Friday, February 20, 2009

Reforming Georgia’s Transportation System

By: Governor Sonny Perdue, Lt. Governor Casey Cagle, and Speaker Glenn Richardson

Over the last six years, Georgia has invested heavily in transportation improvements, yet commuters are still stuck in traffic and economic development corridors still have not been expanded. As frustrating as it is to acknowledge, we have not achieved the value that we believe Georgians deserve because of a lack of focus, transparency and accountability at the Department of Transportation.

We share a commitment to do better. As the three people most accountable to Georgians, we announced a proposal this week that would completely transform the way we think about delivering transportation solutions in our state and dramatically improve the way transportation projects are planned, constructed and maintained.

The basic premise of this proposal is simple – transportation policy decisions should be made in a strategic manner by people who are representing the best interests of the entire state. And the decisions these people make should be executed in a manner that provides for transparency and accountability to the legislature and the people of Georgia.

The current structure of the DOT fails both of these. By relying on a board that represents congressional districts elected every few years by caucuses of legislators, the existing structure encourages parochial thinking and insulates the agency from those who are elected to serve our citizens. And the fact that this unaccountable board maintains sole discretion over a dedicated funding stream of over $2 billion provides very little transparency to the governor, the legislature and the people of this state that the money they receive is spent in an efficient and strategic manner.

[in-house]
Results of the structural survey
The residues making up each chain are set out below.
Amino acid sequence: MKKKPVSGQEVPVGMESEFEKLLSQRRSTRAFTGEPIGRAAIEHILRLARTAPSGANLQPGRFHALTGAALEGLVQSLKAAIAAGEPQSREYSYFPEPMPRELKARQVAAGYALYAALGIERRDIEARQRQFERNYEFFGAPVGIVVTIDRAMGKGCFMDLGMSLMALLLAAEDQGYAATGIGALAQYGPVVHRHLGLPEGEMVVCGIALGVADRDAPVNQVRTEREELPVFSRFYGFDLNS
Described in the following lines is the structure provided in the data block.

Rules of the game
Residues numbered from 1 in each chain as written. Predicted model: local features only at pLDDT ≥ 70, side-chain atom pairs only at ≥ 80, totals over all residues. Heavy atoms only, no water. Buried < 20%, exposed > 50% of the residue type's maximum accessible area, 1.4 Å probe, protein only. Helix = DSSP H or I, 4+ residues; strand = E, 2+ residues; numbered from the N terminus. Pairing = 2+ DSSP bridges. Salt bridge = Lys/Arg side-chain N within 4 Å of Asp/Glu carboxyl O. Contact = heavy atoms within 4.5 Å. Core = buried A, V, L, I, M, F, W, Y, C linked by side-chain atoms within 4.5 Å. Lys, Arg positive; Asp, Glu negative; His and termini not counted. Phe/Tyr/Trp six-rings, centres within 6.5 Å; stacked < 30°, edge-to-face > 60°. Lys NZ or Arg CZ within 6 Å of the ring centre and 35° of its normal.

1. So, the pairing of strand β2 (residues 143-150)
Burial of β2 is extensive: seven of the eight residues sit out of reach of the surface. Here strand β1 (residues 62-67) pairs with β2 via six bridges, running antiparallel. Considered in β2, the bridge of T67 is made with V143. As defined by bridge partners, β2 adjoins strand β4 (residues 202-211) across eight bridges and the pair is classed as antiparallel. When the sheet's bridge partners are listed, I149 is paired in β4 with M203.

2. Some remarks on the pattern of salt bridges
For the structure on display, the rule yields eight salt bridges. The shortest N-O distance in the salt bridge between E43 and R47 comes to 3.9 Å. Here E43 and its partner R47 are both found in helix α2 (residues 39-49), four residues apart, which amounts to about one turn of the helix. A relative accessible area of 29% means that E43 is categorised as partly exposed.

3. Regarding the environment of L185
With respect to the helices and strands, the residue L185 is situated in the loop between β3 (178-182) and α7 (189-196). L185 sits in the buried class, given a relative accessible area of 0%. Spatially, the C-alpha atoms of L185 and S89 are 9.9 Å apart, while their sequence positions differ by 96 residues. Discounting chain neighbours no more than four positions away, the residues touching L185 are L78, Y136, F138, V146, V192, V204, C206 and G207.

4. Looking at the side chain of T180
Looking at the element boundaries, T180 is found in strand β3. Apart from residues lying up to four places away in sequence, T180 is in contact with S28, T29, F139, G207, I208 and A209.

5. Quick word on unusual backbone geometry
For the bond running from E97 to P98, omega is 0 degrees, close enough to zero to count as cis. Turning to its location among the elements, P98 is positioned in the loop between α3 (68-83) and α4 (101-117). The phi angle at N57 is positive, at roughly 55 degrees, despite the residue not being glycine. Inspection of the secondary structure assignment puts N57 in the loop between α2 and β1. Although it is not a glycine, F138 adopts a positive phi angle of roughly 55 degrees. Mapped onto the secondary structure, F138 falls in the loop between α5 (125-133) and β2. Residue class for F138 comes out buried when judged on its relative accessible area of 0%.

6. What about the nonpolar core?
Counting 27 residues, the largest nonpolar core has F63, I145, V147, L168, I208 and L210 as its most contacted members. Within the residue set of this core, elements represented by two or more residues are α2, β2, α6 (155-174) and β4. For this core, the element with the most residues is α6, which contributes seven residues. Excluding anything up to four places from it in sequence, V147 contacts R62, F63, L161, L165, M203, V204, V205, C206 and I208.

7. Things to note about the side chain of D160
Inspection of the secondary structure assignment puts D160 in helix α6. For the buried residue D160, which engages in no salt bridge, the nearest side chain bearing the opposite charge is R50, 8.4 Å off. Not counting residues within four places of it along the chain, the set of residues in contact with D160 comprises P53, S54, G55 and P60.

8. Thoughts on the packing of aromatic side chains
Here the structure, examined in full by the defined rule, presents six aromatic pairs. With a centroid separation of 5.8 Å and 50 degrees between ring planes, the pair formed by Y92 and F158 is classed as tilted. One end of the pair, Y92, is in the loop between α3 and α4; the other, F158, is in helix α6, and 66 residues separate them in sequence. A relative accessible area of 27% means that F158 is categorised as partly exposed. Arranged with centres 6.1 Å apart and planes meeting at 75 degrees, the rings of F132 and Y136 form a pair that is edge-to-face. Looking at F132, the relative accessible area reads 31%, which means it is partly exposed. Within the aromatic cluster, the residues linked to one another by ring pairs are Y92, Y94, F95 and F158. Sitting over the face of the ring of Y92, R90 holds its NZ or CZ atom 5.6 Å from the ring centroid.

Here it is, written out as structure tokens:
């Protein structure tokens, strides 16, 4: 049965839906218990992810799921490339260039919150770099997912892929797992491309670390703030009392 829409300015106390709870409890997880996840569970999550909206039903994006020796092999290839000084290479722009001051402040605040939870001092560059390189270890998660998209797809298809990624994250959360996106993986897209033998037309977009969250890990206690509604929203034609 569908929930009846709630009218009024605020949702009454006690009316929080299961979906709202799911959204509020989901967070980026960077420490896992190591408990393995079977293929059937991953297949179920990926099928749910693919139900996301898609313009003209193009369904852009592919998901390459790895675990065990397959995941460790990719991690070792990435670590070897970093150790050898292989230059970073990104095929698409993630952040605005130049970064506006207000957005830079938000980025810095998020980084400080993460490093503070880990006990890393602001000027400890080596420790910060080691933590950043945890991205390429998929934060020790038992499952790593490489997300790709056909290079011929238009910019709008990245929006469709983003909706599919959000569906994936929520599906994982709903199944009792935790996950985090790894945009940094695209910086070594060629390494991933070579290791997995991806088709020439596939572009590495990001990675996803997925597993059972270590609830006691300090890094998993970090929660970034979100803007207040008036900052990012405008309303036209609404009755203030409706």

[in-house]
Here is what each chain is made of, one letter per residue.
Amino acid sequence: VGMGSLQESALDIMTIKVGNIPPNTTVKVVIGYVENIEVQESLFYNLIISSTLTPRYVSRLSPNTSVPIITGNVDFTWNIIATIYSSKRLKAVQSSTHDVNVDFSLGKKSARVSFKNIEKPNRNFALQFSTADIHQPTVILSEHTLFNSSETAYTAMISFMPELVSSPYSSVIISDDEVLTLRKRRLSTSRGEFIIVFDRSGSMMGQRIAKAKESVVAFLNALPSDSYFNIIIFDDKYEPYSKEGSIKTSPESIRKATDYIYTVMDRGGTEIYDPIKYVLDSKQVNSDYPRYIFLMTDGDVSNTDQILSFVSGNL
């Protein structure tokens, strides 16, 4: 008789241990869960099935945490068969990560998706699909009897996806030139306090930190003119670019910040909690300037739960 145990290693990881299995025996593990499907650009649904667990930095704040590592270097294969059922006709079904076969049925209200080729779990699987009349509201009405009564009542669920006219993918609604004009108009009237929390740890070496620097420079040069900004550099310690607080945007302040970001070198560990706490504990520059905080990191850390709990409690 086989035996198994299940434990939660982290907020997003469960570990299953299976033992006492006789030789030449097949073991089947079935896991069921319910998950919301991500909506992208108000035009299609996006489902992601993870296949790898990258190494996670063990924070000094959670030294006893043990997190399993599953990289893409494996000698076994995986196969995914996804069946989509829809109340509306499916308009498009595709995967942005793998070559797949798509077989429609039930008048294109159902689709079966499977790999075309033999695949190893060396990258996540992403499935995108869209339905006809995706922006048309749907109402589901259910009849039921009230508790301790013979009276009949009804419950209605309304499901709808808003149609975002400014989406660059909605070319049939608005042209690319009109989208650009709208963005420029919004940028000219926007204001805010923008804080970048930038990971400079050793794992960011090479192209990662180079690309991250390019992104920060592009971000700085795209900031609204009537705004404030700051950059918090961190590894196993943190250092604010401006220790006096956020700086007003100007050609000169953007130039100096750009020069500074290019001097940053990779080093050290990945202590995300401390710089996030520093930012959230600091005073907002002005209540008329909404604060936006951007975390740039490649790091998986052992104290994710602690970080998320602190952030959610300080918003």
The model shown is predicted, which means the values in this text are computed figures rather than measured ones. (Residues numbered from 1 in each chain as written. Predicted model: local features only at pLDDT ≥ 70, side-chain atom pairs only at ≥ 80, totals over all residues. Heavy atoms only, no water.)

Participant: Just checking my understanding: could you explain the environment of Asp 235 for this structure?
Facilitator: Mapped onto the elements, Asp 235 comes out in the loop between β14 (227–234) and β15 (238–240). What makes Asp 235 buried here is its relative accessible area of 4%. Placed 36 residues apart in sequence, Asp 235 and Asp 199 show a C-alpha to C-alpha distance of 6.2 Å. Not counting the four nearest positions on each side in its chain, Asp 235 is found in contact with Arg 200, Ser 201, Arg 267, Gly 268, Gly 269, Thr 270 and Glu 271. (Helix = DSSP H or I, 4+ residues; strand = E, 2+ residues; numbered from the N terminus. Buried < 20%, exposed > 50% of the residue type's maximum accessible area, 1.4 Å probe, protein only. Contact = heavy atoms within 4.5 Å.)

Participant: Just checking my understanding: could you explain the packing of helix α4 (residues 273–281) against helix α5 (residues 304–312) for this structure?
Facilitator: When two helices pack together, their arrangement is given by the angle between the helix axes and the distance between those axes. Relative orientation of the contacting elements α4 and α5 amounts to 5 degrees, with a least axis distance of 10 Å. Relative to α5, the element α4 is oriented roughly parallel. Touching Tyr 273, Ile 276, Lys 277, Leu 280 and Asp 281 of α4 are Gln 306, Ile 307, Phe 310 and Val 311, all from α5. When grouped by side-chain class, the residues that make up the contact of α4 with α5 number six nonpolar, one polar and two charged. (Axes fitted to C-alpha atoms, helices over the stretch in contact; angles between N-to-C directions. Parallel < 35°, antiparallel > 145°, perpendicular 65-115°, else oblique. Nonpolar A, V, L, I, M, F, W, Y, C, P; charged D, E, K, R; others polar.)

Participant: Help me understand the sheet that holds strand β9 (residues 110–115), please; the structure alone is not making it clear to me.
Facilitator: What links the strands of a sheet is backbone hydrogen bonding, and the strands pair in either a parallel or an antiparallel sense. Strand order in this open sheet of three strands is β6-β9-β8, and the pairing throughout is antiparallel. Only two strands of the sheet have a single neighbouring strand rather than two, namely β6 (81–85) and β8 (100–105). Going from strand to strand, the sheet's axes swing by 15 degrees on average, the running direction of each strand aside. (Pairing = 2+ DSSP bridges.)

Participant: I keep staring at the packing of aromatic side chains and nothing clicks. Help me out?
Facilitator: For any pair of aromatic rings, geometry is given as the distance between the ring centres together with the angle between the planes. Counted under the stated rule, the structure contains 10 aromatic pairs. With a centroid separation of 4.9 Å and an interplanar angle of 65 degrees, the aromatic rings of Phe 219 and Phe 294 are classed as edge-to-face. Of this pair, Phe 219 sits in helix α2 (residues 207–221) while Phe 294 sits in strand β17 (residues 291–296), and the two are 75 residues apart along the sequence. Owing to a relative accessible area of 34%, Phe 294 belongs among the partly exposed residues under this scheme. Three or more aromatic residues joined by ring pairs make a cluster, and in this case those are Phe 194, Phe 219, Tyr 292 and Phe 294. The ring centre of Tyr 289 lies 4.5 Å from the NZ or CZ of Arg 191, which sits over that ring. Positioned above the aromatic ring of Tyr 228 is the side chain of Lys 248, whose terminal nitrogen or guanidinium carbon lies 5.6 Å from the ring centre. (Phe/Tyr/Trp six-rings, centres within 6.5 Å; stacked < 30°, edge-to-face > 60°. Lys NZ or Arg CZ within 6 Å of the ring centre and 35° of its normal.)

Citizens and legislators alike have expressed their frustration with a lack of progress in transportation in Georgia, and a tangled web of bureaucracy that makes it virtually impossible to hold anyone accountable.

The proposal we have jointly developed will end that confusion. Combining the Georgia Regional Transportation Authority and the State Road and Tollway Authority into the State Transportation Authority will create a lead organization responsible for implementing a clear, understandable plan to address Georgia’s statewide needs.

We are committed to standing up a system of transportation project delivery that is more transparent and more accountable. And it demands that a statewide, strategic plan is developed and a mechanism for budget appropriation, which is voted upon by every citizen’s state representative and senator, to ensure that plan is implemented.

But most of all, it places the burden of meeting our state’s transportation needs in the hands of those elected by and responsible to the people of Georgia. Given that responsibility, we are willing to continue to be accountable to the people of Georgia for the results.
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Fayetteville, Peachtree City, Tyrone

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